Still, by 4 p.m. on April 9, the ranks within University Hall had swelled to as many as 350 from the original 100.
Some of the 1972 graduates thought the student body supported SDS's motives, but not its methods.
"I think most of us felt that the students had a right to protest," says Leif R. Rosenberger '72, now a professor of economics at the U.S. Army War College. "I wasn't prepared to shut the school down as a means of protest."
Barbara Slavin '72, a member of SDS who occupied University Hall, says that many people questioned the manner in which the students staged the takeover.
"Many people, although they sympathized with the goals of the takeover, did not approve of the tactics," she says.
Rosenblatt displayed no such equivocation in his disapproval of Pusey's decision to call in the police, a choice which he said swung student opinion in favor of SDS.
"I think it was absolutely wrong," he says. "I thought it was wrong then and now."
In his book, Rosenblatt argues that the bust afforded the local police the opportunity to take out on the students long-standing aggressions against Harvard.
"The simmering feelings of the local police about Harvard should have been taken into account," Rosenblatt says.
Members of the Class of 1972 also denounced Pusey's decision and the resultant violent actions of the police.
"I thought it was horrific, and it ruined the rest of his presidency," Slavin says.
Vickie A. Charlton '72, the first female stage manager of the Hasty Pudding Theatricals, says of the police, "They sort of looked like gladiators."
Not all 1972 graduates completely fault Pusey, however.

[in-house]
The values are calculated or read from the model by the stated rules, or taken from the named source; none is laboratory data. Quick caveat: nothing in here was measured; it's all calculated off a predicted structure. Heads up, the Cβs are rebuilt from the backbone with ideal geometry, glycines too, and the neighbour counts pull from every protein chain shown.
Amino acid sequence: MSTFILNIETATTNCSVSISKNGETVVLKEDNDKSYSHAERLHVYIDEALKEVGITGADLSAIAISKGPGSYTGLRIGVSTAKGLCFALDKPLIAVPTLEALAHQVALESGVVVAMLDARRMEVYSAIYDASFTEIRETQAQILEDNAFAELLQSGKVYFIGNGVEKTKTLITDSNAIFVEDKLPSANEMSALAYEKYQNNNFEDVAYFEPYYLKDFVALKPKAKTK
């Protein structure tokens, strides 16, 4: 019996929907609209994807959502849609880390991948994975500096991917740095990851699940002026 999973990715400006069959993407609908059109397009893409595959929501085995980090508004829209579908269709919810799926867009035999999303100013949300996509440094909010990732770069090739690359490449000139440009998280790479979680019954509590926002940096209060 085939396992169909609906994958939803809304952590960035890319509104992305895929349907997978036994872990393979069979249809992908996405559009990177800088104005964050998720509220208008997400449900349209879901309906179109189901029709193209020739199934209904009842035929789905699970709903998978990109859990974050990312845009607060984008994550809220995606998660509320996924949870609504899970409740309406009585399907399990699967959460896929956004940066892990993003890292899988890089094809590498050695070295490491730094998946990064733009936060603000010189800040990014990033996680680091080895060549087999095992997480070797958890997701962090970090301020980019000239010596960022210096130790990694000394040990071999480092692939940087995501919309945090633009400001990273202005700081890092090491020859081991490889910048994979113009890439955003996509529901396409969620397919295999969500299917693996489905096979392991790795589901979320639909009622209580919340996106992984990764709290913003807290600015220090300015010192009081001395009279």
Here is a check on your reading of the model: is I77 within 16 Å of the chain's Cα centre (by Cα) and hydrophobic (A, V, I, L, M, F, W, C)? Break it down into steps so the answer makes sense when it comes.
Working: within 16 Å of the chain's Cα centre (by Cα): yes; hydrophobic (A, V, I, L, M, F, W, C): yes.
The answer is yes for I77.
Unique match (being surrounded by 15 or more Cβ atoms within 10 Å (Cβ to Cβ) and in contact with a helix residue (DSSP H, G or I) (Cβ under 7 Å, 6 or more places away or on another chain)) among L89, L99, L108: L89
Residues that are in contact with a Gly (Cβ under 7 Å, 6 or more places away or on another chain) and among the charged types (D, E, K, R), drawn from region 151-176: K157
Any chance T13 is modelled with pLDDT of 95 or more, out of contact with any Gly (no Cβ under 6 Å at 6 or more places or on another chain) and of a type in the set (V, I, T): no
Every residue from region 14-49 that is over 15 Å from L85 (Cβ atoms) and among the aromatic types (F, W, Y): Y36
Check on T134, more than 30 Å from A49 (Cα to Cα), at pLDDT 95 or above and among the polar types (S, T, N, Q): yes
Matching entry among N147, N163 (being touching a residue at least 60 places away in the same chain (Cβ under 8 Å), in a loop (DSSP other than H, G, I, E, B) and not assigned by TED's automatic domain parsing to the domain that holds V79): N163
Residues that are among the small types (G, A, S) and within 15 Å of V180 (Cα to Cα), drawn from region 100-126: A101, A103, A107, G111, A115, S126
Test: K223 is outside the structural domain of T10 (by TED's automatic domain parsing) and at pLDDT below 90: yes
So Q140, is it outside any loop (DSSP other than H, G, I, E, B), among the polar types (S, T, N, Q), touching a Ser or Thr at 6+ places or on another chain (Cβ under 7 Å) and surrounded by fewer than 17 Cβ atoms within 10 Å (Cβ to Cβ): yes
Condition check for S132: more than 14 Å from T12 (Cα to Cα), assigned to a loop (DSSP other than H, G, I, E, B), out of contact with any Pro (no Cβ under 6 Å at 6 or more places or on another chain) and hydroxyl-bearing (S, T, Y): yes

"I think at the time I probably approved of calling in the police," says Gorman, who also adds he believed the police used excessive force.
Beyond the details of April 1969, Rosenblatt says he felt the takeover, bust and ensuing University-wide havoc left an indelible mark on the University.
"I was amazed 30 years later at how impassioned and how bitter the feelings of some of the Faculty were," he says. "For another 20 years, at least, this is going to rank as the major cataclysm in Harvard history."
Arthur S. Brisbane '72, now editor of the Kansas City Star, agrees, saying the takeover had a definite impact on Harvard students.
"It certainly set the tone for my years at Harvard," he says. "The tone while I was here was damn near chaos."
"The effect of that was to kind of move people off track into non-academic interests," says Brisbane, who spent much of his time playing in rock bands.
Gorman has a different perspective, seeing life as being relatively normal after the debacle.
"People were far more interested in education than politics," he says.
For Rosenblatt at least, the spring of 1969 was a pivotal time in his life. "It was a moment of total change," he says.
In his book, Rosenblatt explains that the disruptions convinced him that academic life was not for him and that he should instead follow his dream of becoming a writer.
Slavin also pursued a career in writing after leaving Harvard.
She says the turmoil convinced her to abandon the ivory tower.
"I felt that the real world was very much outside and that Harvard was this artificial, elitist place," Slavin says.
For some, however, the effects were nonexistent.
"In the long run, it didn't mean anything," Gorman says.